In what could have a dramatic impact on the housing industry’s steady recovery, U.S. mortgage rates rocketed upward this week, hitting their highest level in nearly two years.
The rise in rates was a reaction to the belief that the Federal Reserve will curb its massive stimulus policies — a buy-back program involving $85 billion worth of Treasury notes and mortgage- funded securities.
The average rate on a 30-year fixed loan spiked dramatically, rising to an average of 4.46 percent, up from 3.93 percent a week ago, according to the latest survey by mortgage buyer Freddie Mac. The average on a 30-year loan neared a historic low as recently as early May, but has now climbed to its highest level since July 2011. The 0.53 percentage point increase marks the 30-year fixed loan’s highest weekly increase in more than 26 years.
The average rate on a 15-year fixed mortgage also saw a sizeable increase, jumping to 3.5 percent from 3.04 percent a week ago, a gain of 0.46 percentage points. The 15-year fixed is now trending at its highest level since August 2011. It previously achieved a historic low in early May, when it dropped to 2.56 percent.
Cheap loans, particularly in regard to the 30-year fixed-rate mortgage, have kept home buying and refinancing desirable. Despite the sharp rate increase, there is optimism that buyer affordability will continue to fuel the market’s recovery.
“Higher mortgage rates may dampen some housing market activity, but the effect will be muted by the high level of buyer affordability, and home sales should remain strong,” Freddie Mac Chief Economist Frank Nothaft said in a statement.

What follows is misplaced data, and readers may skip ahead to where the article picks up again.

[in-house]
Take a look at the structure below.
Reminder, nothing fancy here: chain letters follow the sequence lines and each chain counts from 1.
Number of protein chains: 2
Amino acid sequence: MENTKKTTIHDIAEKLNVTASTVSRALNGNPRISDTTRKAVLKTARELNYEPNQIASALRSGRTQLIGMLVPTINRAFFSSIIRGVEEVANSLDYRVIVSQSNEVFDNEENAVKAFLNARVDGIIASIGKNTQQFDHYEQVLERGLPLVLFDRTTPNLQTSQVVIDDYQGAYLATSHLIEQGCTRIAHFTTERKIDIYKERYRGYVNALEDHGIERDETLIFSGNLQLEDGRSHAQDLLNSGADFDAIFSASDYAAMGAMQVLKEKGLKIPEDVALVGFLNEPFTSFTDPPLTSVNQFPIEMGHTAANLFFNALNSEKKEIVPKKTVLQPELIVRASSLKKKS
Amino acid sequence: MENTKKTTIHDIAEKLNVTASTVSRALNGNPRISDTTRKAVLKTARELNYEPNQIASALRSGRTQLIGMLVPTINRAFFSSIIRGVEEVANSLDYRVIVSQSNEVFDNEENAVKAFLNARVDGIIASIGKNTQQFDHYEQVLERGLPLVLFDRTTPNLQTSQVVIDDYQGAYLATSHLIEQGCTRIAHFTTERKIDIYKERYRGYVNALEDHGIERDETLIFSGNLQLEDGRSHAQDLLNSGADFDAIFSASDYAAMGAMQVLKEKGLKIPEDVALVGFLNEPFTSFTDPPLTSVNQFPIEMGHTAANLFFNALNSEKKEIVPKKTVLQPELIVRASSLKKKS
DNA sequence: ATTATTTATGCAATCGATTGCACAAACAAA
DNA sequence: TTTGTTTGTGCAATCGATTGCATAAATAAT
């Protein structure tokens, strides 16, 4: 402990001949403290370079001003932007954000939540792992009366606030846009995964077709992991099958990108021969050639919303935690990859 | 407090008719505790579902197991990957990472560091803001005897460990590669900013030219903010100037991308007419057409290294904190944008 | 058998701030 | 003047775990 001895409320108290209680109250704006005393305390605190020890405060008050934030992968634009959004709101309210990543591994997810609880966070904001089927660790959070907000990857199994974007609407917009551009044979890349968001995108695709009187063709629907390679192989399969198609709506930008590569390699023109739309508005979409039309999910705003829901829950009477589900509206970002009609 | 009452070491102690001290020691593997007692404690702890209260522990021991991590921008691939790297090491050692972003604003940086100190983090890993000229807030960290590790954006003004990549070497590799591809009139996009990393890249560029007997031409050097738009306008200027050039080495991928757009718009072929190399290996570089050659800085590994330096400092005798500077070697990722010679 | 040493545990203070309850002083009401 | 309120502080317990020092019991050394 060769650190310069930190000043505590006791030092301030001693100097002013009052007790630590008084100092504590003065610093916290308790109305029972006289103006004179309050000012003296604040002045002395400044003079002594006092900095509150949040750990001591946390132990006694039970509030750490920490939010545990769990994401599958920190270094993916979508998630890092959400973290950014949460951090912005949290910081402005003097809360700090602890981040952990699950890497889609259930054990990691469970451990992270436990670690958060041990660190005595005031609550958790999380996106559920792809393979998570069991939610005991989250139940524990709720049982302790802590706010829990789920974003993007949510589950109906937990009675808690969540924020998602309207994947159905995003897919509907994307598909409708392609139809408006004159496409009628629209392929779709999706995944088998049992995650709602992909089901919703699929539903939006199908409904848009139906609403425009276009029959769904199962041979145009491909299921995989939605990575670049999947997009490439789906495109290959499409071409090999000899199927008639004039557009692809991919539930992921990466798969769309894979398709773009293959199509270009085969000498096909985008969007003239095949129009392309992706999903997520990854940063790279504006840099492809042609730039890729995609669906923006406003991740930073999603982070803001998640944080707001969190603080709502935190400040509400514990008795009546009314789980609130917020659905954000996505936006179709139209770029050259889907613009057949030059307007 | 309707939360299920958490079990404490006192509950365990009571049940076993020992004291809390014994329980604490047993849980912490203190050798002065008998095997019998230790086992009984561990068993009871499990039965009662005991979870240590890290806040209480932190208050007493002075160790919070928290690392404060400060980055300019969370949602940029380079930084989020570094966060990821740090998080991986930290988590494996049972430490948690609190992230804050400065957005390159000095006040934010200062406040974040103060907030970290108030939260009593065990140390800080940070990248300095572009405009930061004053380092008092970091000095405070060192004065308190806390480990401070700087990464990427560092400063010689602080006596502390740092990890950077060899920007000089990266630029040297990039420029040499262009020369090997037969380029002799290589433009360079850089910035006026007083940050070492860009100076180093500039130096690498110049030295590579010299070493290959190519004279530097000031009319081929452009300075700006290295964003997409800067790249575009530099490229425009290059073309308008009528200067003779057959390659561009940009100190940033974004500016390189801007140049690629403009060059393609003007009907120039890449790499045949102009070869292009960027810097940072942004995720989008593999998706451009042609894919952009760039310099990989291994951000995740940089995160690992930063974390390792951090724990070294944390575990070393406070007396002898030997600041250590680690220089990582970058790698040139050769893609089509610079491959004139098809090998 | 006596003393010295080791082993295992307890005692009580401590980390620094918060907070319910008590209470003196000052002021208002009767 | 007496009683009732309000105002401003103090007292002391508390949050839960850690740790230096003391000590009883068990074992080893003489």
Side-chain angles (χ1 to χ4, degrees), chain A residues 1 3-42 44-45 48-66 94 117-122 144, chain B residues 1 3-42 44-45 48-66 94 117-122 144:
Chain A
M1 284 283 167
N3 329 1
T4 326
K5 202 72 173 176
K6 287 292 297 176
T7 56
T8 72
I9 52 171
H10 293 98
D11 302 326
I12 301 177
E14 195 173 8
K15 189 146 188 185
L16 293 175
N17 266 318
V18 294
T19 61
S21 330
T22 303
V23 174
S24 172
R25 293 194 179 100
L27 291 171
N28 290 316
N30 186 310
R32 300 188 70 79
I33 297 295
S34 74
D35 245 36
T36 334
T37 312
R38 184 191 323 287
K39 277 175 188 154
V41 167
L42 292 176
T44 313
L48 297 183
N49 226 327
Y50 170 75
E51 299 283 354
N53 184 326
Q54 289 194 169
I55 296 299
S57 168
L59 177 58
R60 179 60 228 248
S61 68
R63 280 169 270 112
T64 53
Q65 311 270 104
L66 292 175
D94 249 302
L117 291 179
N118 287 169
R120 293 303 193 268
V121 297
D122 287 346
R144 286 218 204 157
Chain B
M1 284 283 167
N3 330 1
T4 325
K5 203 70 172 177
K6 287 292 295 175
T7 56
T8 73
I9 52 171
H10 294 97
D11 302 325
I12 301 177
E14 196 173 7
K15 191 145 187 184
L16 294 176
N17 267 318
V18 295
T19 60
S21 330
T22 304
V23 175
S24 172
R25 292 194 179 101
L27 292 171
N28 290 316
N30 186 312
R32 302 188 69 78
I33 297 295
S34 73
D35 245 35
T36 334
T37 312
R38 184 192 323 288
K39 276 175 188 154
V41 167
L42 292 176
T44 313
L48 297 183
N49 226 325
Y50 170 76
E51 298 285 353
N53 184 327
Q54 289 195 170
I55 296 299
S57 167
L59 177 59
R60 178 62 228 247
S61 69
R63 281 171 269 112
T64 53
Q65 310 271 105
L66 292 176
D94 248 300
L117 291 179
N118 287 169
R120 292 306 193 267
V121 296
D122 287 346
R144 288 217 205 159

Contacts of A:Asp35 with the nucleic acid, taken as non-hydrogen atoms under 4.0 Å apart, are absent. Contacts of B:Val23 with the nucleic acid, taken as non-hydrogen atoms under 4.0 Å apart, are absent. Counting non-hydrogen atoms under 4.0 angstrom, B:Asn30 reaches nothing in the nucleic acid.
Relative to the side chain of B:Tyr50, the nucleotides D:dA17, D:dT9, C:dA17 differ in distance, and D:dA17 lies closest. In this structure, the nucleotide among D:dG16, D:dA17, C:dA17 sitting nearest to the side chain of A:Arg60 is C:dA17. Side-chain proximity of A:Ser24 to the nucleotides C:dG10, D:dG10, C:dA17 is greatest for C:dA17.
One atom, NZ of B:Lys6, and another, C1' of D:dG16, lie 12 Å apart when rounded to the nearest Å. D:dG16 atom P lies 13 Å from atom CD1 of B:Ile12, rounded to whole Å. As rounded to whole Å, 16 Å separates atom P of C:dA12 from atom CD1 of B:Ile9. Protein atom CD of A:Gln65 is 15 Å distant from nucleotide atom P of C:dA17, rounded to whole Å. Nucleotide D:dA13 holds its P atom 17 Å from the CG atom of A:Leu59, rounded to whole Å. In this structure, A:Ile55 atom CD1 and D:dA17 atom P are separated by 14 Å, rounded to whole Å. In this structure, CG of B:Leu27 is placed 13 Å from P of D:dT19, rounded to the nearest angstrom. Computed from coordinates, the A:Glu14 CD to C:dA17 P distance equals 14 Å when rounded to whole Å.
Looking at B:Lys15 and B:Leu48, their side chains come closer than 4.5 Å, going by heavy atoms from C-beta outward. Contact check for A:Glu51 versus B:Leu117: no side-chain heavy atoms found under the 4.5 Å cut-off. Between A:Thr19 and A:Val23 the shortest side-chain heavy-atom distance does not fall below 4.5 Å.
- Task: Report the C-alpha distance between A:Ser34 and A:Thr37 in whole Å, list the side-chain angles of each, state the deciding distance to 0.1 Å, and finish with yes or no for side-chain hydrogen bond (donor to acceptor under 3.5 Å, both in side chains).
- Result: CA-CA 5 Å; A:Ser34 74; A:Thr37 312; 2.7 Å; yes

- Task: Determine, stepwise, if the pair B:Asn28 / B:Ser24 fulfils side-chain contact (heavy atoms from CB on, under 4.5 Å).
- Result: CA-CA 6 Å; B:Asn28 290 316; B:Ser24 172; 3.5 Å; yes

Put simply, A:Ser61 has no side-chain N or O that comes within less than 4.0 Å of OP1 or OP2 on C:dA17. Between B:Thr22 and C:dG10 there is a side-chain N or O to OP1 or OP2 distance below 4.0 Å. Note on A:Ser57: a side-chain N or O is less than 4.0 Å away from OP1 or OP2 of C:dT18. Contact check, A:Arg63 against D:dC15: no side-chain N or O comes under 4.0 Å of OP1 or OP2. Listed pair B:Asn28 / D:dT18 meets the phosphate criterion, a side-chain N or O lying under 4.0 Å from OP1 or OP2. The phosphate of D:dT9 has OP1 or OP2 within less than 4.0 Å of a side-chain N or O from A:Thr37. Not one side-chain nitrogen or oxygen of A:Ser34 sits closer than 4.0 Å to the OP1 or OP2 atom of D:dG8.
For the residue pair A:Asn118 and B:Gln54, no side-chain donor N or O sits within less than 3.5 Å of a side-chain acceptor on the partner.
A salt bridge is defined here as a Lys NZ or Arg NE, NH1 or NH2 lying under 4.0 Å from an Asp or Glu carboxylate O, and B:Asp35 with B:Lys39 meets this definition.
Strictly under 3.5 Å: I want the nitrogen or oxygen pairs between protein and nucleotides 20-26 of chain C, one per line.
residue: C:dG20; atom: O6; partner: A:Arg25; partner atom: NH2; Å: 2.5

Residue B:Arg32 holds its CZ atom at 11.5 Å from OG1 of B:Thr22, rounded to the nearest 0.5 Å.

The average on a one-year hybrid adjustable-rate loan also rose, climbing to 2.66 percent from 2.57 percent. The average rate on a five-year adjustable-rate mortgage crossed the 3 percent threshold, moving to 3.08 percent from 2.79 percent. The fees for one-year and five-year hybrid adjustable-rate loans are now at 0.5 point and .07 point, respectively.
Looking ahead, there is a general consensus that mortgage rates are done climbing and will begin to level off in the coming weeks. In the latest Mortgage Rate Trend Index by Bankrate.com, 80 percent of the panelists surveyed believe rates will either go down or remain unchanged over the next week.
“After the surge in mortgage rates over the last week, I expect things to calm down a bit,” opines Michael Becker, WCS Funding Group mortgage banker. “While I think markets have overreacted to the (Federal Open Market Committee) statement and Chairman Ben Bernanke’s press conference, it’s going to take some disappointing economic news for the bonds to rally. Since I don’t see anything on the horizon over the next week that fits that bill, I expect mortgage rates to be steady over the next week.”